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Your Gut’s Well-Being Is Surprisingly Essential To Your Overall Health

Science By
(Chris Gramly/Creative RF/Getty Images)
(Chris Gramly/Creative RF/Getty Images)


Scientists now believe that the health of our intestinal microbes, which are believed to contribute to the onset of chronic diseases, may be seriously affected by poor diet. Microbiologist Justin Sonnenburg studied the intestinal microbes of Florentine children and those from a village in Burkina Faso. Surprisingly, the children from Burkina Faso, whose diet was mostly comprised of grains, had more diverse microbes than the children from Florence, despite the latter’s more refined diet. Nautilus‘ Moises Velasquez-Manoff describes what the results may mean:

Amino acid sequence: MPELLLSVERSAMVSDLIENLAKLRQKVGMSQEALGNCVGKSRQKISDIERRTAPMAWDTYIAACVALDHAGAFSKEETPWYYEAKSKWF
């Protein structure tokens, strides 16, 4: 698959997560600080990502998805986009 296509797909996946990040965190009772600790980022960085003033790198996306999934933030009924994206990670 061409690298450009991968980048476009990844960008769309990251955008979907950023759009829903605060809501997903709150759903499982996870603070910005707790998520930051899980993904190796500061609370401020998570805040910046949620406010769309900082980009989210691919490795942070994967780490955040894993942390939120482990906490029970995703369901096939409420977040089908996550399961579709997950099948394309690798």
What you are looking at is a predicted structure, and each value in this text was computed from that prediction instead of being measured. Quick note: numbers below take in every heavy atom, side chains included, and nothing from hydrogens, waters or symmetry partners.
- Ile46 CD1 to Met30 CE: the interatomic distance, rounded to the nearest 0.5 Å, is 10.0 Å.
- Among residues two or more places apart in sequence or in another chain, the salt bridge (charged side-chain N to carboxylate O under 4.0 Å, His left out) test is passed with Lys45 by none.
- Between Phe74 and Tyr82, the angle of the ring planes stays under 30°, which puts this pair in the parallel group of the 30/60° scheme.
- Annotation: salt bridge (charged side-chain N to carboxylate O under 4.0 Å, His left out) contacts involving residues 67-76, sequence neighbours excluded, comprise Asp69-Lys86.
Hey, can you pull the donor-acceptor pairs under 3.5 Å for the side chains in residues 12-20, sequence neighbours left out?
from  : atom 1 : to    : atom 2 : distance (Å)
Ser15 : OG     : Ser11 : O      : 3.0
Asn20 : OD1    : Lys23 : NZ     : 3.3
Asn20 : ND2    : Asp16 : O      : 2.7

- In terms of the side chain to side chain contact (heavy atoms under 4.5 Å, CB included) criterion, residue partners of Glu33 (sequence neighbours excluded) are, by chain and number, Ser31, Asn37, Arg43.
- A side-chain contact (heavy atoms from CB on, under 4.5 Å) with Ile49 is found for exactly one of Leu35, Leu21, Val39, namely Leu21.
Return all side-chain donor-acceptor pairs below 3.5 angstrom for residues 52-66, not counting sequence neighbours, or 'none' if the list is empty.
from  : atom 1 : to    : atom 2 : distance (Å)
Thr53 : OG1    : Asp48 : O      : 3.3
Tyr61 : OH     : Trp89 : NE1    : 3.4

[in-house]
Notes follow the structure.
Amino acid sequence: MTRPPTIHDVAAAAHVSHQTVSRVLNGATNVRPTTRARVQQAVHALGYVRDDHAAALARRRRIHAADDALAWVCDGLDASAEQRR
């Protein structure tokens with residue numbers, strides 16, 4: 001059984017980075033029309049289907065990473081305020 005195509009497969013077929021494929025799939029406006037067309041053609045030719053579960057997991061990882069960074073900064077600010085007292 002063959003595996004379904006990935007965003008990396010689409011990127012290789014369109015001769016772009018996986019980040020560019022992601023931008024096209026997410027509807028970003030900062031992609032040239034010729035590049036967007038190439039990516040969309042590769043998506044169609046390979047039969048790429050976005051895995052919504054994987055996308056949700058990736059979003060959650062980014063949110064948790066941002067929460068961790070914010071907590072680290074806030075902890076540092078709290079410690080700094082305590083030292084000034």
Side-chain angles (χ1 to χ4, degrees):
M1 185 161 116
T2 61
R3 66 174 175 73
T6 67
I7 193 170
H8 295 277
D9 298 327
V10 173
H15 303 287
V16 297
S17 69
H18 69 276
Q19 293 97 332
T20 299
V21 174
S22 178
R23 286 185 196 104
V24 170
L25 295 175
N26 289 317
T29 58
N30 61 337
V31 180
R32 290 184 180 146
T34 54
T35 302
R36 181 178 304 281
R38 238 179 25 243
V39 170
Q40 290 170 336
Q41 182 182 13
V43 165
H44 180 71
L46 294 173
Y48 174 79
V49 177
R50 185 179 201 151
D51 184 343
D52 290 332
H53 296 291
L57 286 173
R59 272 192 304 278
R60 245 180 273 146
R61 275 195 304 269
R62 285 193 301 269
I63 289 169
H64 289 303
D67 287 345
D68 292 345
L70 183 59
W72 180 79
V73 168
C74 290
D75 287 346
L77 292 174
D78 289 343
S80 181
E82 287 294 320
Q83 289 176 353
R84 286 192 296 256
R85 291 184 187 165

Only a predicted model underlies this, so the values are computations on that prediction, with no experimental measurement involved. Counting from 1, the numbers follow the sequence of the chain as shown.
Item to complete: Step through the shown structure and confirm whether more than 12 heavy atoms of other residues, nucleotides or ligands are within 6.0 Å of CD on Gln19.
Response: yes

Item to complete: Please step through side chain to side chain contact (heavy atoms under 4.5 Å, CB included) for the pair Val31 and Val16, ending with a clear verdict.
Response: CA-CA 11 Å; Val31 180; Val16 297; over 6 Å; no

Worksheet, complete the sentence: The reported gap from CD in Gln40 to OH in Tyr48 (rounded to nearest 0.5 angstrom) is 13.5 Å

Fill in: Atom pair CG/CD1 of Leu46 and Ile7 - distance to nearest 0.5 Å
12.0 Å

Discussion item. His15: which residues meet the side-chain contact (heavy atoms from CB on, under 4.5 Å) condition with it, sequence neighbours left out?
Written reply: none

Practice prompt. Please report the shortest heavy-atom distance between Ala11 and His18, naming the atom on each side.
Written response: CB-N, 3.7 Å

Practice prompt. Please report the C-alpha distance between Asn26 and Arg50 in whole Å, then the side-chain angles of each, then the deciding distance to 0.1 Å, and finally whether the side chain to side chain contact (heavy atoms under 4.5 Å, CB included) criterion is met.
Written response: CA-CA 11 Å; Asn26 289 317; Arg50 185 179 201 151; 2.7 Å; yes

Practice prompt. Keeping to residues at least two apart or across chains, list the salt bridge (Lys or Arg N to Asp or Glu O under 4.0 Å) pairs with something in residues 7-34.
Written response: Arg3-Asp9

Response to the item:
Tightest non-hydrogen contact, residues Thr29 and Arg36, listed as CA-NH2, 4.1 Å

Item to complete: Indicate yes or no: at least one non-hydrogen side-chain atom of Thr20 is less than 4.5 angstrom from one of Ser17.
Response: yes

“Where did that diversity come from? Humans can’t digest soluble fiber, so we enlist microbes to dismantle it for us, sopping up their metabolites. The Burkina Faso microbiota produced about twice as much of these fermentation by-products, called short-chain fatty acids, as the Florentine. That gave a strong indication that fiber, the raw material solely fermented by microbes, was somehow boosting microbial diversity in the Africans.”

Read the full story on how diet and intestinal microbial community affect the health of our children here.